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John Platsidakis: Where shipping got it wrong with regulators and the environment

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John Platsidakis is a great champion of the traditions of Greek shipping, having acted as a de facto consigliere to many of the biggest names in the business such as Costamare and Angelicoussis over a 40+-year career in the industry. The ex-banker is also honorary chairman of Intercargo and a board member of the Union of Greek Shipowners as well as being on the executive committee of the Hellenic Chamber of Shipping.

Grilled at the Ship2Open Shipping Finance conference, which took place in Athens in March, Platsidakis discussed sustainability, how shipping needed to defend its green corner, and the importance of upholding the management techniques of previous generations of Greek shipowners.

Shipping’s day-to-day operations and long-term planning will be hugely influenced by sustainability and the protection of the environment, Platsidakis conceded.

“Shipowners have been on the defensive and personally I believe it is a very unfair treatment,” Platsidakis said, going on to explain that when the International Maritime Organization (IMO) first came up with its greenhouse gas strategy, it was a mistake for shipowners to meekly said they’d comply. This, he said, sent a bad message to the public, to consumers.

You entrust a ship to 22 people and at the end of the day those people make the difference

“We ought to have said we would comply to the extent that we are responsible for but because we said we would comply, the public thought we were at fault,” Platsidakis said, adding: “Shipowners do not manufacture engines, they do not build ships, they don’t produce bunkers themselves – simply they are consumers – they go out in the market and find among the producers what is best for their needs. The fault is the responsibility of the producer.”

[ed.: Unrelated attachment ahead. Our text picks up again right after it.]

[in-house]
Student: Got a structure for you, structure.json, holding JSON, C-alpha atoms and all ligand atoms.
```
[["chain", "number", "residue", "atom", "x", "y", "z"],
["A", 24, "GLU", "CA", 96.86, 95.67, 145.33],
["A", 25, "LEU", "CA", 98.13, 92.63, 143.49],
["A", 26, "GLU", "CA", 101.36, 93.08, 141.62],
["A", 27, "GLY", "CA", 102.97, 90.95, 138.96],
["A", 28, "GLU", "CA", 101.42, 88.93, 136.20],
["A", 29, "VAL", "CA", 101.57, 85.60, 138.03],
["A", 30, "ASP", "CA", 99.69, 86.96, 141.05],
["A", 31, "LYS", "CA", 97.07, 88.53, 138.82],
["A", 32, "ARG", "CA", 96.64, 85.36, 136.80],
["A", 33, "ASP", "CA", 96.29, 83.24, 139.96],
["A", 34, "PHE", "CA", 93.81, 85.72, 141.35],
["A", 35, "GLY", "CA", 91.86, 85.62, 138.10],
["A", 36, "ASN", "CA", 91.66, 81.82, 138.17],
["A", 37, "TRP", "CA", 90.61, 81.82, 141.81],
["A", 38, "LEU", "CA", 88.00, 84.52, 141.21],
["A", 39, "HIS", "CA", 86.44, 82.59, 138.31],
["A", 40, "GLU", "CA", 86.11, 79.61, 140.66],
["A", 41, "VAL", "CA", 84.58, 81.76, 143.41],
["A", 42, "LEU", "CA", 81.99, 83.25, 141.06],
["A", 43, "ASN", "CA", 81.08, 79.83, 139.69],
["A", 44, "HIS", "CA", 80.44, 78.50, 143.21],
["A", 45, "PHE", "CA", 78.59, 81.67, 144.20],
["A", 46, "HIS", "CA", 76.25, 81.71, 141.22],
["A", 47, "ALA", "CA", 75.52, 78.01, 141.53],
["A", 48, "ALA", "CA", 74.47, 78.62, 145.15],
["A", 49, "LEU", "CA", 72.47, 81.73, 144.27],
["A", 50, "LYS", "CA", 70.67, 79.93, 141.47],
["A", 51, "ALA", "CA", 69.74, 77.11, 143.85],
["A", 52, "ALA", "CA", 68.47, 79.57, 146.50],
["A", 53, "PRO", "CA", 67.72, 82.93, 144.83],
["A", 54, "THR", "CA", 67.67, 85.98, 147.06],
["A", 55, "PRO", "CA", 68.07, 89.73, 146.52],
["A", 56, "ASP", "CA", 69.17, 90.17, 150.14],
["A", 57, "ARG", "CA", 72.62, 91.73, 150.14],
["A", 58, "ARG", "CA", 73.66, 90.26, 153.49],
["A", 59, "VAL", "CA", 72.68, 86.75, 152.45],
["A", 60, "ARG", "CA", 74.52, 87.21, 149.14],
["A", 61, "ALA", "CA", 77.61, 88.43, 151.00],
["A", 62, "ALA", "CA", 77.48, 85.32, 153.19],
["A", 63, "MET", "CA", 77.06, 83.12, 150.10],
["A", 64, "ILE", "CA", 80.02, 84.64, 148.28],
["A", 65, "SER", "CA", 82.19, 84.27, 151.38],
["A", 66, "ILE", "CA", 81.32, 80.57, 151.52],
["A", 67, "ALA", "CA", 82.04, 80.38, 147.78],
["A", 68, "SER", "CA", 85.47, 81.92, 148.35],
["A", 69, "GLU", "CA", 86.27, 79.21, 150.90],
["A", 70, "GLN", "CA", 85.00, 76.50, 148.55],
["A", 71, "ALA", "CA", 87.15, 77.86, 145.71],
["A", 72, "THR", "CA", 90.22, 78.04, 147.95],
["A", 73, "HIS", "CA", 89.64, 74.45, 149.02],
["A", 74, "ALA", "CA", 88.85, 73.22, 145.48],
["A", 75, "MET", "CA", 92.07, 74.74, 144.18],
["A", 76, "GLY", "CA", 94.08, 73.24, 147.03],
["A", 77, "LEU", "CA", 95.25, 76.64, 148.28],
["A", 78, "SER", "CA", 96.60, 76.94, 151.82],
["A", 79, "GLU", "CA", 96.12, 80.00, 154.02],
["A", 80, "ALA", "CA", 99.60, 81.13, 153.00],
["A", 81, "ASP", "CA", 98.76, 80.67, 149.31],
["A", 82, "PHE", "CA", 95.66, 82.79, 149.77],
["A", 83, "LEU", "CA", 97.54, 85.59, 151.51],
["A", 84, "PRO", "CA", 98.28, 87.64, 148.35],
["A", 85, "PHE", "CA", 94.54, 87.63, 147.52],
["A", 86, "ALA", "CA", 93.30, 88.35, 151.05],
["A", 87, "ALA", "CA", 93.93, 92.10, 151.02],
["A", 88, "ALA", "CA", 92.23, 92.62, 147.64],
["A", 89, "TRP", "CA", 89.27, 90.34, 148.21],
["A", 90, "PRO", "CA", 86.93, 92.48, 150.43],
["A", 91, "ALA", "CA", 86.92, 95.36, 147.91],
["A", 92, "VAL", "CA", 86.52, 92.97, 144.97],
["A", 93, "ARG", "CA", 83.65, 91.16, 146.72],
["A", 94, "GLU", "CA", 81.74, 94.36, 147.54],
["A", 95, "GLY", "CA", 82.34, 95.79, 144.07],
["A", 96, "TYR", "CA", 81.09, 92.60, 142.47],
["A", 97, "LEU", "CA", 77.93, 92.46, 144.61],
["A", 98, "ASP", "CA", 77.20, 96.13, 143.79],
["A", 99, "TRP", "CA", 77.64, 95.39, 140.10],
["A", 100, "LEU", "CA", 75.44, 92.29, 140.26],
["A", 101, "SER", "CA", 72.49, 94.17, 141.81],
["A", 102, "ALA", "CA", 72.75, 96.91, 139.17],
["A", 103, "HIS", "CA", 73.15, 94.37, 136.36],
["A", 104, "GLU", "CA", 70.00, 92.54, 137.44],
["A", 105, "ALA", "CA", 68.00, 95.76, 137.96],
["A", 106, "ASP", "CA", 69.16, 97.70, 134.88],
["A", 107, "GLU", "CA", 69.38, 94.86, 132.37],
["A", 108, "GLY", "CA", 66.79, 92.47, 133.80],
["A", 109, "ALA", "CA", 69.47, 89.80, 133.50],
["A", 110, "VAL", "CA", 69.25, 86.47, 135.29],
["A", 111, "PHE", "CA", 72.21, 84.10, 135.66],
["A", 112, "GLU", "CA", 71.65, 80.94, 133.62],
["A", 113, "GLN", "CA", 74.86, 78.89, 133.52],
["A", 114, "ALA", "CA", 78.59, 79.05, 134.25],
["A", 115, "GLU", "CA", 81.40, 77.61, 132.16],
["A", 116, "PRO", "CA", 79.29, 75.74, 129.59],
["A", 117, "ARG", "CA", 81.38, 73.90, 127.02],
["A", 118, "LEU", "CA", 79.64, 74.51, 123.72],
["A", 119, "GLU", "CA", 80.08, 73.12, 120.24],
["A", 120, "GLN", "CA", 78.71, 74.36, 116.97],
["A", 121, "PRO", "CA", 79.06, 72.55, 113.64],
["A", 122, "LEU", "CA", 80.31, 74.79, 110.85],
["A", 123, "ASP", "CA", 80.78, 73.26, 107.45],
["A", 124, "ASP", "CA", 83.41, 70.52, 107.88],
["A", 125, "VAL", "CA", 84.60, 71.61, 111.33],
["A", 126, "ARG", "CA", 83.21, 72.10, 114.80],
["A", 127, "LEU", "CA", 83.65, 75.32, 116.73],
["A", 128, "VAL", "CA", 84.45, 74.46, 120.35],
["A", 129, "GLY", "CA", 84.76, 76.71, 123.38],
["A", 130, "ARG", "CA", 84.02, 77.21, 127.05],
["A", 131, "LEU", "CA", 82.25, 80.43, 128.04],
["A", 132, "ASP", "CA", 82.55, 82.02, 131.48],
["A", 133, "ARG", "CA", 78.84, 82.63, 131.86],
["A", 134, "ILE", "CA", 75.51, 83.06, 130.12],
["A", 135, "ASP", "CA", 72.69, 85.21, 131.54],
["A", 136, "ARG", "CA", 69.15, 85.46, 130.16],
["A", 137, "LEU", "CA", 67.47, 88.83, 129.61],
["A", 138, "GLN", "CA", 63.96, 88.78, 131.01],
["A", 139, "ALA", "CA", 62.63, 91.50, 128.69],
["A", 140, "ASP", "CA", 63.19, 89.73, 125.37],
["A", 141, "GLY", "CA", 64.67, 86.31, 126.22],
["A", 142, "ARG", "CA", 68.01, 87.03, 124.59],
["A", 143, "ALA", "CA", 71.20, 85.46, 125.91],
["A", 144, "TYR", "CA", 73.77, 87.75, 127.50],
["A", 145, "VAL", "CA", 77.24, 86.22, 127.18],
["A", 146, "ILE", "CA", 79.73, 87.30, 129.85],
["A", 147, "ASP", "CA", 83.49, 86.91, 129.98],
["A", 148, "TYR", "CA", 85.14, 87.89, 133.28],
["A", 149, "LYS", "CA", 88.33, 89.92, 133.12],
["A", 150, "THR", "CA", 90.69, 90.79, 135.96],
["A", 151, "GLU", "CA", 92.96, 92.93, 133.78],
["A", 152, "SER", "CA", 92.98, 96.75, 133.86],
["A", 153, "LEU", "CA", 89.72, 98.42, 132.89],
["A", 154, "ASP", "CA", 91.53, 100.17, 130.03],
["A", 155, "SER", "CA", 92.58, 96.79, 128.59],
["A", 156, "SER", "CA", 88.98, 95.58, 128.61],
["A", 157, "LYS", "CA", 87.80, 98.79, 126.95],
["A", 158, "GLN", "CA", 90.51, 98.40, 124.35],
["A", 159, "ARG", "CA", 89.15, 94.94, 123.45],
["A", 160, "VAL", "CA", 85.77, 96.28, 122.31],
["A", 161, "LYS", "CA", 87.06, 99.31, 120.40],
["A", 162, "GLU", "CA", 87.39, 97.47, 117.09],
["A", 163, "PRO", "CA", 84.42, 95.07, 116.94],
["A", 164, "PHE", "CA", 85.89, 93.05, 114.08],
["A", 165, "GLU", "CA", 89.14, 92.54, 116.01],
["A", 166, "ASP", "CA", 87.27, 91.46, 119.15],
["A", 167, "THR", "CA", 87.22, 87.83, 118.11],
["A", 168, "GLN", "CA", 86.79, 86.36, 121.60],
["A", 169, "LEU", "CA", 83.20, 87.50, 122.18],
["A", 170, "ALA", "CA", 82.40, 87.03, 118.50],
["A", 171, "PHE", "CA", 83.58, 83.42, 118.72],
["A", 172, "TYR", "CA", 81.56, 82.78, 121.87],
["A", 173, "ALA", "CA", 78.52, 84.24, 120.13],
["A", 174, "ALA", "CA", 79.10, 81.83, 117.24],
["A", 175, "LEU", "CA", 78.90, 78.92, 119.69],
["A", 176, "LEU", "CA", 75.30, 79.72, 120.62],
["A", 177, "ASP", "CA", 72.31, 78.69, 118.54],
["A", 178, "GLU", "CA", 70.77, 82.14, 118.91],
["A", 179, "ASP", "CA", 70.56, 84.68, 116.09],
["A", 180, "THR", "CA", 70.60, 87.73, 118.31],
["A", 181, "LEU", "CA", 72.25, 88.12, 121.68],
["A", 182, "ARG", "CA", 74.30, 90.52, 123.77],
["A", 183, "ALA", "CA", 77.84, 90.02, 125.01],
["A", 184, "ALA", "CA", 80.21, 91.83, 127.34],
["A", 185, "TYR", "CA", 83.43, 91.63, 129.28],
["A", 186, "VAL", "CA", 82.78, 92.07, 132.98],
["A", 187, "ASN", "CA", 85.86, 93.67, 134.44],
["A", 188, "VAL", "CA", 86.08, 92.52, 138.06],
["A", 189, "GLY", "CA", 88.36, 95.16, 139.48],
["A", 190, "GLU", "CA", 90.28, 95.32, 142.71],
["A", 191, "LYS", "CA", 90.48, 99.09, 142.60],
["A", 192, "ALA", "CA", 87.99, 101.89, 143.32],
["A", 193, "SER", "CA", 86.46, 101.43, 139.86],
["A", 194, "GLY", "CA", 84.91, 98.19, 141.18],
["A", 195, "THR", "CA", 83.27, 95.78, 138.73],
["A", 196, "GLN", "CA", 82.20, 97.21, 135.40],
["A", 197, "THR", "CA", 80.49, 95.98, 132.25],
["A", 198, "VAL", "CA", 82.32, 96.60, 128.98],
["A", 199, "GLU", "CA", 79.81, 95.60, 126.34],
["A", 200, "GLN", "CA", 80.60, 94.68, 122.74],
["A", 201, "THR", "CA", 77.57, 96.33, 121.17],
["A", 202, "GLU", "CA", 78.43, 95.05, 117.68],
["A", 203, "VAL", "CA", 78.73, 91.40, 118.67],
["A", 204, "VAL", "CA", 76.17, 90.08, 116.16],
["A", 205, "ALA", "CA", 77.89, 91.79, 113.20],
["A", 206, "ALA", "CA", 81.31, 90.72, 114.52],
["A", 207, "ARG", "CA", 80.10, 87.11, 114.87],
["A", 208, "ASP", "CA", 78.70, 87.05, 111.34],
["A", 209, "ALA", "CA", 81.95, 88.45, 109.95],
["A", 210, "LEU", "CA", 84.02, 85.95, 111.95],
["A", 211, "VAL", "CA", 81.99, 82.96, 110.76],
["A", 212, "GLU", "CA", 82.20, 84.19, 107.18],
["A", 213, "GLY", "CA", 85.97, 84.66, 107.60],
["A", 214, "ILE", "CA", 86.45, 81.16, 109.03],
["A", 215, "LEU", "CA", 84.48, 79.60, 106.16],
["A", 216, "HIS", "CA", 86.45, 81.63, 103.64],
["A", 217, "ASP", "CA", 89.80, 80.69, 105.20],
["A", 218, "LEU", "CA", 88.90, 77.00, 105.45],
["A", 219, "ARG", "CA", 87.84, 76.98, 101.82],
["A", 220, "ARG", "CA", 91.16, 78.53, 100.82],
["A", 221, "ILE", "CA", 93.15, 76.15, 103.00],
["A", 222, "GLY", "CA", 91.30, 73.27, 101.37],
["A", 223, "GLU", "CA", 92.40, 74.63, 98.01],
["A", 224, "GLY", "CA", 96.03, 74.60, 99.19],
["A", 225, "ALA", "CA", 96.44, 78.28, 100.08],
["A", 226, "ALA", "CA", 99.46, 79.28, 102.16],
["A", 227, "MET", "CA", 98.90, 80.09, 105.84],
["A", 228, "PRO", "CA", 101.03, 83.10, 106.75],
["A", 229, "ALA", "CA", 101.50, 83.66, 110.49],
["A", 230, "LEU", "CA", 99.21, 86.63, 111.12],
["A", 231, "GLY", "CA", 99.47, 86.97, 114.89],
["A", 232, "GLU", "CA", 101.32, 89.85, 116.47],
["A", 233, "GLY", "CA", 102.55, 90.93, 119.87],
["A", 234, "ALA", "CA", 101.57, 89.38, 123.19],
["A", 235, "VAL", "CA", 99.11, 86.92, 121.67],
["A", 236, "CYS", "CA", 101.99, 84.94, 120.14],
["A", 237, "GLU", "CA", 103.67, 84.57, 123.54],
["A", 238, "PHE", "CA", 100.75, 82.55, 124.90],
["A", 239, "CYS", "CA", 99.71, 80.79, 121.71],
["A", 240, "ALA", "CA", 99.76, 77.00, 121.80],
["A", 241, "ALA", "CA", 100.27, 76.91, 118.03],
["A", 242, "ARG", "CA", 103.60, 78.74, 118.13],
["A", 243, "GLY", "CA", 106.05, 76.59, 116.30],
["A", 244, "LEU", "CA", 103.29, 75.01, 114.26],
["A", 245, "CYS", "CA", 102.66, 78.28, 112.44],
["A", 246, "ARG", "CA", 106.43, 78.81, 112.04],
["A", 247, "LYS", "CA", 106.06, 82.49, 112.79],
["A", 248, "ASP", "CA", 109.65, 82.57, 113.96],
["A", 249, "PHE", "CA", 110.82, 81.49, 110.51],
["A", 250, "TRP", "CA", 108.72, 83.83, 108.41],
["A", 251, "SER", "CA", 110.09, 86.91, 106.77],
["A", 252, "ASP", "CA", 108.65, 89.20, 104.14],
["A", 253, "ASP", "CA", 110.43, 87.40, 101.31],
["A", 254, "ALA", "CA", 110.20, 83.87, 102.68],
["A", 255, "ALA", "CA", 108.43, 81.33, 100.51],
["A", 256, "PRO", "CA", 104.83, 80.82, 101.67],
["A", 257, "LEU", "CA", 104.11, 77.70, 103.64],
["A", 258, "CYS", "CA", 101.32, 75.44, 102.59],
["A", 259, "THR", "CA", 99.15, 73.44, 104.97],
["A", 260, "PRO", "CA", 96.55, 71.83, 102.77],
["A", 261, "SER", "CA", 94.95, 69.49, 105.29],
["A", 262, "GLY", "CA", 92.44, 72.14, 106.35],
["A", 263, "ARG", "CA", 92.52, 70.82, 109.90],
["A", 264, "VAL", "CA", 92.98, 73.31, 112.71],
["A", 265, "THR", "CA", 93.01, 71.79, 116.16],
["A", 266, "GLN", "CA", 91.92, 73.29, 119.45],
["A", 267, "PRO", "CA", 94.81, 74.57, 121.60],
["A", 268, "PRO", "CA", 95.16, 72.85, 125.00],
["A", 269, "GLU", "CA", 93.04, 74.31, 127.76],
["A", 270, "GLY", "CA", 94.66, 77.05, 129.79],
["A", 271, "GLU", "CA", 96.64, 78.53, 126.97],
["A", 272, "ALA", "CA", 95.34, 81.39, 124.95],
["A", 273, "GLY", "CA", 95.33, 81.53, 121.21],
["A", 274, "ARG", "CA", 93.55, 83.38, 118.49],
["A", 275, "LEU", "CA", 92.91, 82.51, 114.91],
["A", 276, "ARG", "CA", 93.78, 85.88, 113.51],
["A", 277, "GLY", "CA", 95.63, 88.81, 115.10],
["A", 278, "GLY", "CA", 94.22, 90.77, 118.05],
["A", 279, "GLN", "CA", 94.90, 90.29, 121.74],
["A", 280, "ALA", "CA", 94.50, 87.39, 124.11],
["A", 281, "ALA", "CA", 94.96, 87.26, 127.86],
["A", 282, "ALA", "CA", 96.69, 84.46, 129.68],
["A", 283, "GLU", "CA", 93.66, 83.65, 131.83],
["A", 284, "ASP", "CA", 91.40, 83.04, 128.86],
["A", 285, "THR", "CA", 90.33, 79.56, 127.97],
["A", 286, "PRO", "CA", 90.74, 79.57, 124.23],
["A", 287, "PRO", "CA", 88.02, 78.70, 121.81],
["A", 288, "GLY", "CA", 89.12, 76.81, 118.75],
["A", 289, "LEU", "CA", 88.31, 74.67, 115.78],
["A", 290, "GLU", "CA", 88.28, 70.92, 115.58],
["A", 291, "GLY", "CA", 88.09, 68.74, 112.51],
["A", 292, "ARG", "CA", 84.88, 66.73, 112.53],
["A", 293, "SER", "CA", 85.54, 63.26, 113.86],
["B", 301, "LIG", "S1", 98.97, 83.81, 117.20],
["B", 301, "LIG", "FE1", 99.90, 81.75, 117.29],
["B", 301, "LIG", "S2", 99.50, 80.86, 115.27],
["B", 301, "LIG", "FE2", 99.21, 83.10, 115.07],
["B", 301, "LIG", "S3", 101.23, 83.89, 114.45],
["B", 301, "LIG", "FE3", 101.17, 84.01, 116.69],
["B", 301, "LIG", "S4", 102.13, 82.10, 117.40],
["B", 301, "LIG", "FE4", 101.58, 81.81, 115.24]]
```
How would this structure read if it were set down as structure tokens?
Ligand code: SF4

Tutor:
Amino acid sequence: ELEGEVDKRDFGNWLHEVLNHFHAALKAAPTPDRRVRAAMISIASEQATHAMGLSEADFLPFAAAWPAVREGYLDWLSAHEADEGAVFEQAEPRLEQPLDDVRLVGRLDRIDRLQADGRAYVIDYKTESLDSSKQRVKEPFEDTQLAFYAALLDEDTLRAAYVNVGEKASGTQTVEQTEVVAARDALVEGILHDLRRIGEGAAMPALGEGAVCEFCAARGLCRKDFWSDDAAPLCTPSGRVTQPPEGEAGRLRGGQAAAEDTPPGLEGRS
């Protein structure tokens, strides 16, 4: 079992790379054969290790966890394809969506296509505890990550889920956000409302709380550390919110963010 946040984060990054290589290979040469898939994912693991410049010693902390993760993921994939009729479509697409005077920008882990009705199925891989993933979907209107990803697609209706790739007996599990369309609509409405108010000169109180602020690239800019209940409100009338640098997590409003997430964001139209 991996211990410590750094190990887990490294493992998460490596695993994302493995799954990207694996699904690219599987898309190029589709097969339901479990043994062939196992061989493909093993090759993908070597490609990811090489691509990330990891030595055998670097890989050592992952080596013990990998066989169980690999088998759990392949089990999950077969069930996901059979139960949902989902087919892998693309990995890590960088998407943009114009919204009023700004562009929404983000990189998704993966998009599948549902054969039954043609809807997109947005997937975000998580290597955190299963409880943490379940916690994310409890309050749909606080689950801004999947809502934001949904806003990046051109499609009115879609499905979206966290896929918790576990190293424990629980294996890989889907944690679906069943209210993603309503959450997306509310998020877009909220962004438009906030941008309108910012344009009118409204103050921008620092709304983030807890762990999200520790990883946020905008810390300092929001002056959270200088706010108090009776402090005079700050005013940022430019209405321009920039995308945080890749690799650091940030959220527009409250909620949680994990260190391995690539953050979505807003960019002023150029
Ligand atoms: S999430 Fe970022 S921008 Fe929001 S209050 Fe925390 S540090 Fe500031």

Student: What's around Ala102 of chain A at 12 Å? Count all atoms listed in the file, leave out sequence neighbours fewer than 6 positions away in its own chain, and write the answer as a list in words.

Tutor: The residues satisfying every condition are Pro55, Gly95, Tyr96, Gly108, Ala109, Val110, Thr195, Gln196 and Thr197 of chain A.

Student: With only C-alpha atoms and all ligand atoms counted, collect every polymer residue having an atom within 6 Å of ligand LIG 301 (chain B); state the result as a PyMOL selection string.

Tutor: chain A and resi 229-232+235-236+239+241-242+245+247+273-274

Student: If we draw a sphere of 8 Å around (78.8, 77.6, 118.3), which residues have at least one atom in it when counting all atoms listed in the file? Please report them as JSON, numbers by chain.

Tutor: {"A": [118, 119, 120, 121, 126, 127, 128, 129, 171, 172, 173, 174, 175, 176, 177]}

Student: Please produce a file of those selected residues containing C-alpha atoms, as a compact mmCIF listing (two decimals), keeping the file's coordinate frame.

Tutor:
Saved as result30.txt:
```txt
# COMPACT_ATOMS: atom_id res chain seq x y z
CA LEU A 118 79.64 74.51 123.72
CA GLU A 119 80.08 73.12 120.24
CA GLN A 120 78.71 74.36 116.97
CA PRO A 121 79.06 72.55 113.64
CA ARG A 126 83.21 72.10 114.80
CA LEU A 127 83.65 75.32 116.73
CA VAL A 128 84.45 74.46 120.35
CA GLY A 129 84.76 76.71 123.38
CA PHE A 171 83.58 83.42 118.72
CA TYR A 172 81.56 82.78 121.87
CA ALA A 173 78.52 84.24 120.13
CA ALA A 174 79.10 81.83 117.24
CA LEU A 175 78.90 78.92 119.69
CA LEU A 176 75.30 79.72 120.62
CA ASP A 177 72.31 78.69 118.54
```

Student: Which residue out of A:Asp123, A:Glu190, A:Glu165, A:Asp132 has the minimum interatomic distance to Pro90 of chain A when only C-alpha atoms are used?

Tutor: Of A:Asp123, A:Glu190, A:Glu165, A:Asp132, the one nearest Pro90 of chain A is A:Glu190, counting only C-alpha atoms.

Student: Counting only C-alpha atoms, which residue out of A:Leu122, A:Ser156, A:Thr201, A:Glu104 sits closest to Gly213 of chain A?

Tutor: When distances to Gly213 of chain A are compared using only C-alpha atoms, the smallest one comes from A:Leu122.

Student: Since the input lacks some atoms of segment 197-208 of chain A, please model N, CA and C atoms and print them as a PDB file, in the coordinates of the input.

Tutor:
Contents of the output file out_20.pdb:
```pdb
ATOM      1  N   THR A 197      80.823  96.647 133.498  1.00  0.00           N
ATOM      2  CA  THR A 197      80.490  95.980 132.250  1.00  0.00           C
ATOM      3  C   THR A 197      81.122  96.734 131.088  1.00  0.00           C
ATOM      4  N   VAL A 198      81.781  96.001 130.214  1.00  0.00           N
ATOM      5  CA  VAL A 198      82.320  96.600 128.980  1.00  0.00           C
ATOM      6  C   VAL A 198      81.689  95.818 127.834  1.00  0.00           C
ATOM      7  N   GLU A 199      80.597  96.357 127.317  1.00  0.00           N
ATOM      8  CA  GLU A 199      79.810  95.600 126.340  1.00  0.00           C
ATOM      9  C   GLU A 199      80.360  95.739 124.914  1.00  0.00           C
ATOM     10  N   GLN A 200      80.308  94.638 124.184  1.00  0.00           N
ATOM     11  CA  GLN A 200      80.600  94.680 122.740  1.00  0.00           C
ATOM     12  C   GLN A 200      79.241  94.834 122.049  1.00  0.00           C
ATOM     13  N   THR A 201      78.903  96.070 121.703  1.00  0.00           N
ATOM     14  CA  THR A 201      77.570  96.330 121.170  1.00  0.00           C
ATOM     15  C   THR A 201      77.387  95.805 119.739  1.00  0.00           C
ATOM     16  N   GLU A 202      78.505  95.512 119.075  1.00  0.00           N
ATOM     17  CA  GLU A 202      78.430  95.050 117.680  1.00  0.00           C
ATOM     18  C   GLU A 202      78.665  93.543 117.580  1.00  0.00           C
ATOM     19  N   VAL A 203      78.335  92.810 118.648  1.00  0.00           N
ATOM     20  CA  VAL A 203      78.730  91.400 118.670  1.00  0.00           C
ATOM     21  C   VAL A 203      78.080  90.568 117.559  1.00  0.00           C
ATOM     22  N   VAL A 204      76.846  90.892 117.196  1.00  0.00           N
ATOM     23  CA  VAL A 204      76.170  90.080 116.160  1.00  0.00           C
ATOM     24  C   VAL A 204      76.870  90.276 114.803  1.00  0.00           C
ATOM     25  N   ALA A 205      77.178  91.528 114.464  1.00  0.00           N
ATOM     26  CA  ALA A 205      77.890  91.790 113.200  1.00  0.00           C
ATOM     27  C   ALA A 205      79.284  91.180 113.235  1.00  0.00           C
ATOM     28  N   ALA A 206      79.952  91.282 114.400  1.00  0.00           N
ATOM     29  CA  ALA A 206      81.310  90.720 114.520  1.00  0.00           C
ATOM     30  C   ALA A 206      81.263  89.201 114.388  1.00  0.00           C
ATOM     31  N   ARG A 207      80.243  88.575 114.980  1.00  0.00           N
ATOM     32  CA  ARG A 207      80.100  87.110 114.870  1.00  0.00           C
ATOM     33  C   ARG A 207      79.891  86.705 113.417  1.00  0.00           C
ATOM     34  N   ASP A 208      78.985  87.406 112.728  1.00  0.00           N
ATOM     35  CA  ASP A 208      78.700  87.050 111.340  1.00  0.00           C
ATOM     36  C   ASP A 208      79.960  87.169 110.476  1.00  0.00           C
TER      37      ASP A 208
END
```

In the automotive industry, by contrast, regulators in the US or Europe map the standards and tell car manufacturers that unless they produce a car that meets those specific conditions they will not be allowed to sell, Platsidakis said, pointing out the same conditions applied in aviation.

“What happened to shipping,” Platsidakis told the conference, “is that the regulators went to the consumers – to the ones who bought the car – so it is as if we bought a car today and they don’t blame the manufacturer but they blame us, that we have to meet certain criteria.”

Platsidakis also hit out at shipping’s lack of clout when it comes to lobbying. “Regrettably big countries such as the US, Germany, France, the UK, they do not have substantial shipping any more so they don’t have the weight, they don’t have the interest to come up with the right framework,” he said.

Asked what elements the upcoming generation of Greek shipowners need to bring to their business to ensure success, Platskikardis said Greek shipping over the years has proven to be highly adaptable. The new generation of shipowners must stay close enough to the ship, he urged, because their fathers and grandfathers were hugely attached to the vessels, attached to the crew.

“The crew is the key in shipping in the sense that this viable asset is trading thousands of miles away from the shipowner, the shipping company, and you have to trust the crew to comply with regulations, with the performance under the charter party, etc,” the shipping veteran argued, adding: “Over the years what has made the difference between Greek shipping and non-Greek shipping is the fact that management was on-hand management so if we lose that and we create a very corporate structure with a lot of reporting and we lose the attachment to the ship and the crew we don’t have any other competitive advantage with other shipping communities.”

Concluding his chat with event organisers, Platskikardis said: “You entrust a ship to 22 people and at the end of the day those people make the difference.”

This profile first appeared in the latest issue of Maritime CEO magazine. Splash readers can access the full magazine for free by clicking here.


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